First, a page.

As part of the Moneyish series “Ceiling Smashers,” successful women across industries — including law enforcement, academia, comics, welding and medicine — have shared how they broke down professional barriers, often in male-dominated fields. Here’s where to find all of their stories in one place:

Gursoch Kaur, a recent addition to New York’s auxiliary police program and the first turbaned Sikh woman to join the NYPD, tells Moneyish how her religion inspired her to protect and serve.

Nell Scovell, the second female writer for “Late Night with David Letterman” and co-author of “Lean In,” reflects on female representation in TV, the #MeToo era and learning from Sheryl Sandberg.

Tammy Gray-Steele, founder of the nonprofit National Women In Agriculture Association and a self-styled “agri-business diva,” is helping women develop their farm businesses and boosting minority presence in agriculture.

Kay Koplovitz, the founder of USA Networks and first woman TV network CEO, talks about her quest to obtain approval to use satellite for commercial business.

Becky Lorenz, a NASA-trained welder working in a 96% male industry, explains why she “won’t take crap from anyone” — and how she’s persevered on the job through multiple illnesses.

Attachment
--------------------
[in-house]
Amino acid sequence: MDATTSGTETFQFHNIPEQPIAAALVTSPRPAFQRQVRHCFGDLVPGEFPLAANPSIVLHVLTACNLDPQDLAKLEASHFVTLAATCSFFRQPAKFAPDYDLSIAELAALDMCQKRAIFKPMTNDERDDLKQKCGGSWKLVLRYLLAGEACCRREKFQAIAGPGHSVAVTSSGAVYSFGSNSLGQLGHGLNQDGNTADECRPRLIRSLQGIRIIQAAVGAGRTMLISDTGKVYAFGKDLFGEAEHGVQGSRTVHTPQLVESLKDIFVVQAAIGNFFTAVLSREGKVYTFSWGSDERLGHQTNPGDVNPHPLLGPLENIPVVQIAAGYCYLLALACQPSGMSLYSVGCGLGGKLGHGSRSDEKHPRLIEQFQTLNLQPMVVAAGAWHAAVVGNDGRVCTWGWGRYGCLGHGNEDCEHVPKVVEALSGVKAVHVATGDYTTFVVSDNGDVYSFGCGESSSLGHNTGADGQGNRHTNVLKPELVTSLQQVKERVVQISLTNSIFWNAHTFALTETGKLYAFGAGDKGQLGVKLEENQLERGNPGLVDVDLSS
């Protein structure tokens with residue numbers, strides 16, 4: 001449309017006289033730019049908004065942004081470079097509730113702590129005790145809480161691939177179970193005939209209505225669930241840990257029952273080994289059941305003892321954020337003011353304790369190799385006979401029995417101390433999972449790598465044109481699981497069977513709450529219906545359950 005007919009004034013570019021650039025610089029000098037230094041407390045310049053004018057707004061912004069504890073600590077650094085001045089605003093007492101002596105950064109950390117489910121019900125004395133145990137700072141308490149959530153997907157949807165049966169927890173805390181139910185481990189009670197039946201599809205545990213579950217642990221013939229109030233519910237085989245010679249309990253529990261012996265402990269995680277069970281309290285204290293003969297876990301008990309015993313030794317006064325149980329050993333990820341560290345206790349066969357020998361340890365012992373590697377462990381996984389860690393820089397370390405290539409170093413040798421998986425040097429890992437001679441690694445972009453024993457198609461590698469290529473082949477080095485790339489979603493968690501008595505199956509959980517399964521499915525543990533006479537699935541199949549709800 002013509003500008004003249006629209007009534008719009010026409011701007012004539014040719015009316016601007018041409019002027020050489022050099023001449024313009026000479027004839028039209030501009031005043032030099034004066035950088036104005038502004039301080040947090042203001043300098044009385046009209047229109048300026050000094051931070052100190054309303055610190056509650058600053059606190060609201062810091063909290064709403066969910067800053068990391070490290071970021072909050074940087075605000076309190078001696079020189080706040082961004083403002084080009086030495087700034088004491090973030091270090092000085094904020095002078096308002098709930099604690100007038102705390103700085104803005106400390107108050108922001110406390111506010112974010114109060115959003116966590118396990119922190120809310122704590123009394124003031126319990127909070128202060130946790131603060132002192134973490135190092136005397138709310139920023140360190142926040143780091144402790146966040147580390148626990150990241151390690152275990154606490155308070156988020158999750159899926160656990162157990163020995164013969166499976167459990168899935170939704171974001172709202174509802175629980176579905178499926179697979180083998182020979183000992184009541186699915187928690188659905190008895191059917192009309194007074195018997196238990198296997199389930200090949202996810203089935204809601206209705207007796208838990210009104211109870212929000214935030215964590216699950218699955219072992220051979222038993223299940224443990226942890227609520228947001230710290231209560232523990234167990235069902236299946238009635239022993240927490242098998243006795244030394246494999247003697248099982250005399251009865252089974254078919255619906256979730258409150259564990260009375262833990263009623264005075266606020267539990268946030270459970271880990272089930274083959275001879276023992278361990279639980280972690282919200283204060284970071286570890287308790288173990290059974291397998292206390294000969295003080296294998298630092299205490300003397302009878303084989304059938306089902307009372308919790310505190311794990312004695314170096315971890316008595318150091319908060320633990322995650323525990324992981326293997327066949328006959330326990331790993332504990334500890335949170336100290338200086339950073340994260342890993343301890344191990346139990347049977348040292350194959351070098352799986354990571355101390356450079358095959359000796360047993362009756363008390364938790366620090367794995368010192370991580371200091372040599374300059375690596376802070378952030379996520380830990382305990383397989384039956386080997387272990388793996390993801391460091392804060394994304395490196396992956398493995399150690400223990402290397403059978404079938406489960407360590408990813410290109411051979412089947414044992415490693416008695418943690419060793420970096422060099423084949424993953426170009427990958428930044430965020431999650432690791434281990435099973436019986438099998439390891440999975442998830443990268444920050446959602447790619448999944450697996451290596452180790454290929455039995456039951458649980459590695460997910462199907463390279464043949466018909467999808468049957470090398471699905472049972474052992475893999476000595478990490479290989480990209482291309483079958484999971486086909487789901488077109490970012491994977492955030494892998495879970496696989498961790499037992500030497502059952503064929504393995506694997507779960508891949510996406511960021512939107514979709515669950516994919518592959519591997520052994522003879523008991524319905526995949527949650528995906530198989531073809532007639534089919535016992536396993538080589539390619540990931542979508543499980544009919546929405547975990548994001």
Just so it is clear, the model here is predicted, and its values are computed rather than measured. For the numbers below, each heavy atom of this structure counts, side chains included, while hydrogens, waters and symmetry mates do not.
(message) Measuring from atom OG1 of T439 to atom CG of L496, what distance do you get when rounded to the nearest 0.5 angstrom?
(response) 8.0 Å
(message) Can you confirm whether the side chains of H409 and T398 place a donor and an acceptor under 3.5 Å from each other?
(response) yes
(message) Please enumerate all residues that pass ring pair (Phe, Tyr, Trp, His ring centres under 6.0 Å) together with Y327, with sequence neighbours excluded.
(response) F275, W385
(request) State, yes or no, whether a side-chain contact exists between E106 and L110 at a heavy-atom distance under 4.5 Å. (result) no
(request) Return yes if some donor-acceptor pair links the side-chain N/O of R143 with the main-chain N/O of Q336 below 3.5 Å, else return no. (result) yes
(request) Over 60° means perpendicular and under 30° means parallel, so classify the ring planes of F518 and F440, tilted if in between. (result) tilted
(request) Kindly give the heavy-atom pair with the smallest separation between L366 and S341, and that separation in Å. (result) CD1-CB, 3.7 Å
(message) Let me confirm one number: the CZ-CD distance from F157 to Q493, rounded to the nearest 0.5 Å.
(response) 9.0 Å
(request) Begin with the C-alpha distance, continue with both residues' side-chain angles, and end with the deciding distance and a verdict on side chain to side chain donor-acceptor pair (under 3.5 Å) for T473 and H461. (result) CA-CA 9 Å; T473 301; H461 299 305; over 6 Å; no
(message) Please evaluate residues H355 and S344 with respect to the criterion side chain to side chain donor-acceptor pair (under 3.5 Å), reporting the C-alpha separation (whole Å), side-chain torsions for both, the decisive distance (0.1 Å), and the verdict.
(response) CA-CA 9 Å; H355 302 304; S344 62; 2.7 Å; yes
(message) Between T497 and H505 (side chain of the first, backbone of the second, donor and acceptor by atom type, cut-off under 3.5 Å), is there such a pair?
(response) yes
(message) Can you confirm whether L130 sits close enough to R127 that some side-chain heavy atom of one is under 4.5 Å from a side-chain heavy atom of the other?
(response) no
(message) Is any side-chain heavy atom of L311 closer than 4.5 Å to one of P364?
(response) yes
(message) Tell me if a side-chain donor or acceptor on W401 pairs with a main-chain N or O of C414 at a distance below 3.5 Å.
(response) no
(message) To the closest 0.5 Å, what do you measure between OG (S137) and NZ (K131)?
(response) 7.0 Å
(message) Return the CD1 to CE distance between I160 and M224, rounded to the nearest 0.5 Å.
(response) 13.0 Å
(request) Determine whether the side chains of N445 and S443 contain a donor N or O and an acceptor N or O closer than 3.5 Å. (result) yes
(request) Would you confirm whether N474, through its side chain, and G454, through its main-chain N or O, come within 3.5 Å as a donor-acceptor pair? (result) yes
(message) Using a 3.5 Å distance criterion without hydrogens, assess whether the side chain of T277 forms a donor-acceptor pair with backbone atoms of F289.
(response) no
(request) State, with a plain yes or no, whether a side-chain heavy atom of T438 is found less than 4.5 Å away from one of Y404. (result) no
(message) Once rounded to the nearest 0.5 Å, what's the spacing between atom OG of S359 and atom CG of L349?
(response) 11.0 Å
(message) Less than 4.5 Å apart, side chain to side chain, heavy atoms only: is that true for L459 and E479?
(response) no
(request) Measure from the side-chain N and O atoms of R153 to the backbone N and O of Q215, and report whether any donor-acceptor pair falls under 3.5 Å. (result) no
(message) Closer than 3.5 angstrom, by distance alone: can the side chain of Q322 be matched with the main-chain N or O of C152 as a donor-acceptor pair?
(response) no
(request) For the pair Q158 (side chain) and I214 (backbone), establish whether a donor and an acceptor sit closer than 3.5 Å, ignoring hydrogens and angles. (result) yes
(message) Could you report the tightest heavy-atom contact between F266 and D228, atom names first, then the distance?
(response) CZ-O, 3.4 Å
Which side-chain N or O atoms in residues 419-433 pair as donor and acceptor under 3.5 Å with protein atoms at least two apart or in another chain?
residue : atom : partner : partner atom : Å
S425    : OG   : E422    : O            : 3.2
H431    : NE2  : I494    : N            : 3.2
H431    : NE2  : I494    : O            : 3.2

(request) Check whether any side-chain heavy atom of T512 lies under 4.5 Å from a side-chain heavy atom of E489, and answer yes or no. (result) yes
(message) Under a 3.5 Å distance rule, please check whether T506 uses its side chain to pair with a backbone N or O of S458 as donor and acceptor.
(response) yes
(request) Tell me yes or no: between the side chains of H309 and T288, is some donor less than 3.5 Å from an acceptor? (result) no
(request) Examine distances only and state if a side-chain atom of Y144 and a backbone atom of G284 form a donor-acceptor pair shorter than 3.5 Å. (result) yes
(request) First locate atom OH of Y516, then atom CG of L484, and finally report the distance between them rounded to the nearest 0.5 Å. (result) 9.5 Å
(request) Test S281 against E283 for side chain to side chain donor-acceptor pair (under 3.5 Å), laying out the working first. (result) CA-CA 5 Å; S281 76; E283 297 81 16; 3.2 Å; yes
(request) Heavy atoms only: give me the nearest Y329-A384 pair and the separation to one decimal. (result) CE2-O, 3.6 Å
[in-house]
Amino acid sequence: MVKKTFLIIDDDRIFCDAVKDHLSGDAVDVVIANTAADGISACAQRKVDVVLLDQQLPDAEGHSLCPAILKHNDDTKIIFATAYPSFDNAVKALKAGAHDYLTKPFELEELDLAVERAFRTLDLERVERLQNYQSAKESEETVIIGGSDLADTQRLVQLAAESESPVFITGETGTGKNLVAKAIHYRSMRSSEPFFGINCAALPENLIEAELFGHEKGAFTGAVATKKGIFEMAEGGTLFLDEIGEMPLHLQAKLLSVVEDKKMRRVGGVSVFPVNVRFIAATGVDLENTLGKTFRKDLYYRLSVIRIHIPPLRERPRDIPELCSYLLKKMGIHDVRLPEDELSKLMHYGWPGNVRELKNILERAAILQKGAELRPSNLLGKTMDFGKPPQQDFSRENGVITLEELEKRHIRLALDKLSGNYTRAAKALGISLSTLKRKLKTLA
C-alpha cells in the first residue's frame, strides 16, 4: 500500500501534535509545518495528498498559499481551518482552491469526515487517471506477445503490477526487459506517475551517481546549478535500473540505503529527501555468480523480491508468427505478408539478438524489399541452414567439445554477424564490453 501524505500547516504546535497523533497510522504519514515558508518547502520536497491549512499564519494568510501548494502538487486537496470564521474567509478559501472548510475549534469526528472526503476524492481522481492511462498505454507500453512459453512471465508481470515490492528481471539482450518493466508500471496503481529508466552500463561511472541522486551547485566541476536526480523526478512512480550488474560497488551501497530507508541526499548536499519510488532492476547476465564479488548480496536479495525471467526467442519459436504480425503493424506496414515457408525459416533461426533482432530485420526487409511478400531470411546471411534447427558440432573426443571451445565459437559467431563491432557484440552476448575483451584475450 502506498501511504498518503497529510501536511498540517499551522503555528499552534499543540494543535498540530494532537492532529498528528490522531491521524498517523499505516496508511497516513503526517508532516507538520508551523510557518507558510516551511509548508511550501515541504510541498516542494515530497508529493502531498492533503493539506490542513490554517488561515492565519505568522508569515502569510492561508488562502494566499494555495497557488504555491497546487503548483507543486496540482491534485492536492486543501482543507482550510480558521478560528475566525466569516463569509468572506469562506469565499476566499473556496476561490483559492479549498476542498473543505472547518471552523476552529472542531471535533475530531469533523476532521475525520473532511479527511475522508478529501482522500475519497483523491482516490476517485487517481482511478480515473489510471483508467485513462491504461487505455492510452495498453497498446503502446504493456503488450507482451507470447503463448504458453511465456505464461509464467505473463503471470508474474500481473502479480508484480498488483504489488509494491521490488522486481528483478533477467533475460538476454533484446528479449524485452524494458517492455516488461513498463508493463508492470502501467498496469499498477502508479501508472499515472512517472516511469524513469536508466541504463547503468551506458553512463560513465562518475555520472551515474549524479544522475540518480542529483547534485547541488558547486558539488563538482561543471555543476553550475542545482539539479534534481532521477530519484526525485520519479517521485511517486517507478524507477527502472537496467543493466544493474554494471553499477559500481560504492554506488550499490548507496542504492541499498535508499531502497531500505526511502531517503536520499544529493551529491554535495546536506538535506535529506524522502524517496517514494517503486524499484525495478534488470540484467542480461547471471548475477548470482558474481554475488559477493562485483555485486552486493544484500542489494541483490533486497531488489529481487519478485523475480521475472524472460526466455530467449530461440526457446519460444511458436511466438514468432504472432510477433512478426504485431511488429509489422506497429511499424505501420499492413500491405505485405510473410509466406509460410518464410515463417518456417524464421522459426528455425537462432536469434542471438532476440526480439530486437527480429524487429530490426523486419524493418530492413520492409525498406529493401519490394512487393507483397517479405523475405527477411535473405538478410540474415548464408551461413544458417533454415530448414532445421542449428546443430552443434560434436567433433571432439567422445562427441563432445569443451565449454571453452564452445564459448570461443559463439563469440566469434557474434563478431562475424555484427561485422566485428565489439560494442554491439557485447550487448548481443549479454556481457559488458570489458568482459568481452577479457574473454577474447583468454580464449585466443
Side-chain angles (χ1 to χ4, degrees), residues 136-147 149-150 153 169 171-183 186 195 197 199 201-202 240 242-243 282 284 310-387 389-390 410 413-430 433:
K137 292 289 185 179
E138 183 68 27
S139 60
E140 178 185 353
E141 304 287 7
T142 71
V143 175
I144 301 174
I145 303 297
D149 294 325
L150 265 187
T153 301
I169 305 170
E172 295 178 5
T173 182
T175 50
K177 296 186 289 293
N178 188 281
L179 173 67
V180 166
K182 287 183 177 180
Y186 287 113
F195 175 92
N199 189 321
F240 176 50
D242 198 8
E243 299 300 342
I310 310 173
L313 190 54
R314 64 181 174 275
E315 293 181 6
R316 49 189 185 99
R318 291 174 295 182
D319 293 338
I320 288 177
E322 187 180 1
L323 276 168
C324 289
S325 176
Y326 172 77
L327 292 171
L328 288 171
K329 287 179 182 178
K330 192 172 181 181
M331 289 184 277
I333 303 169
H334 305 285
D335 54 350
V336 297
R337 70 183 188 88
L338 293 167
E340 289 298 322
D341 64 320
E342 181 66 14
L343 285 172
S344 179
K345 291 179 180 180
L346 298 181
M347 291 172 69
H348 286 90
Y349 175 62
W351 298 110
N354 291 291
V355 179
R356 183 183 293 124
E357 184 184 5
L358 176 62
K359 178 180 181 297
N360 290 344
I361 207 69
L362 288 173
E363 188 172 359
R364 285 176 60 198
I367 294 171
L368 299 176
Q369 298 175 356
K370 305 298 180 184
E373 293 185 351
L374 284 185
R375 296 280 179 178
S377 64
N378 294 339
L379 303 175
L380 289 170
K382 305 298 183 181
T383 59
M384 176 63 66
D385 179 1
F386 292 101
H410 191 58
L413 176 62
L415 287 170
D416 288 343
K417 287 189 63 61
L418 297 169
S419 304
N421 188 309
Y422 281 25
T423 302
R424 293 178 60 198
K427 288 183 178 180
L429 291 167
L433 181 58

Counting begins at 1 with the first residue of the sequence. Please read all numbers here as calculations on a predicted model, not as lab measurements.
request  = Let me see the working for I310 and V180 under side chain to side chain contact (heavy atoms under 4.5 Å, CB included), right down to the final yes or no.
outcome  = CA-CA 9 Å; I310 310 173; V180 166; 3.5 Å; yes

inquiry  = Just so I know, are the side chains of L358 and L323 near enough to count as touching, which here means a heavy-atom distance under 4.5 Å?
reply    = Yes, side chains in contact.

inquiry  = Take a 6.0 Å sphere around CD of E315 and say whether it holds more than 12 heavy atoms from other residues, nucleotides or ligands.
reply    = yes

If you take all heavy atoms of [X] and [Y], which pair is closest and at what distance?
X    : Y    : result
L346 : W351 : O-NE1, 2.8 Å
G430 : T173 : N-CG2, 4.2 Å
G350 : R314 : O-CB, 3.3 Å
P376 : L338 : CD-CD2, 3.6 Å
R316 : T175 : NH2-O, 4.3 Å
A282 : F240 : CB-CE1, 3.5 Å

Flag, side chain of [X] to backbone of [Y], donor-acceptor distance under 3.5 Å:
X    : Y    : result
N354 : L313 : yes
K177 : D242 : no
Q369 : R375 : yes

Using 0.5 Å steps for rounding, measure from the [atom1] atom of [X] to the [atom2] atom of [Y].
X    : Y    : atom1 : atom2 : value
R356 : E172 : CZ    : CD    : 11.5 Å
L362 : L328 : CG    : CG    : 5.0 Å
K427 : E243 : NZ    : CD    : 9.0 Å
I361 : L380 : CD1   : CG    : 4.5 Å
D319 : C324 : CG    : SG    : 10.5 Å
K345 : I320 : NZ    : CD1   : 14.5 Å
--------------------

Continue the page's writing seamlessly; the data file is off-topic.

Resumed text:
Loretta Zuk, having obtained her dream job as a superintendent at Columbia University, recalls her handyperson days and tells Moneyish why she wants more women to enter her “growing” field.

Bryna Kra, an award-winning mathematician who was the first woman to chair Northwestern University’s math department, sums up why she feels “a strong obligation to help the next generation” of women in mathematics.

Trina Robbins, a comic icon credited as both the first woman to draw Wonder Woman in her own series and the first creator to feature an out lesbian protagonist, looks back on the misogynistic underground comics scene and reflects on attending last year’s “Wonder Woman” premiere.

Esther Choo, one of few female emergency medicine doctors who’ve also pursued academia’s traditional research tenure track, charts the barriers women in medicine face in rising to leadership roles.

Nathalie Molina Niño, the CEO of BRAVA Investments, tells Moneyish why she’s done being a “model minority” and why she’ll only bankroll companies that benefit women — not just female entrepreneurs.

Rohini Dey, a former economist and founder of the Indian-Latin fusion restaurant Vermilion, lays out her plan to push women through the “gastro ceiling” and boost senior female leadership in her industry.

Jenifer Rajkumar, a lawyer and Gov. Andrew Cuomo appointee, recalls being underestimated throughout her career and argues that people are “persuaded by ideas and a person with convictions.”

Marley Dias, a 13-year-old activist whose viral #1000BlackGirlBooks campaign collected more than 11,000 books to boost black girls’ representation, shares advice for other young people looking to spark social change.

Teri Thompson, one of the first woman sportswriters in the country and the New York Daily News’ first female managing editor for sports, recalls her early days of fighting for access to the locker room.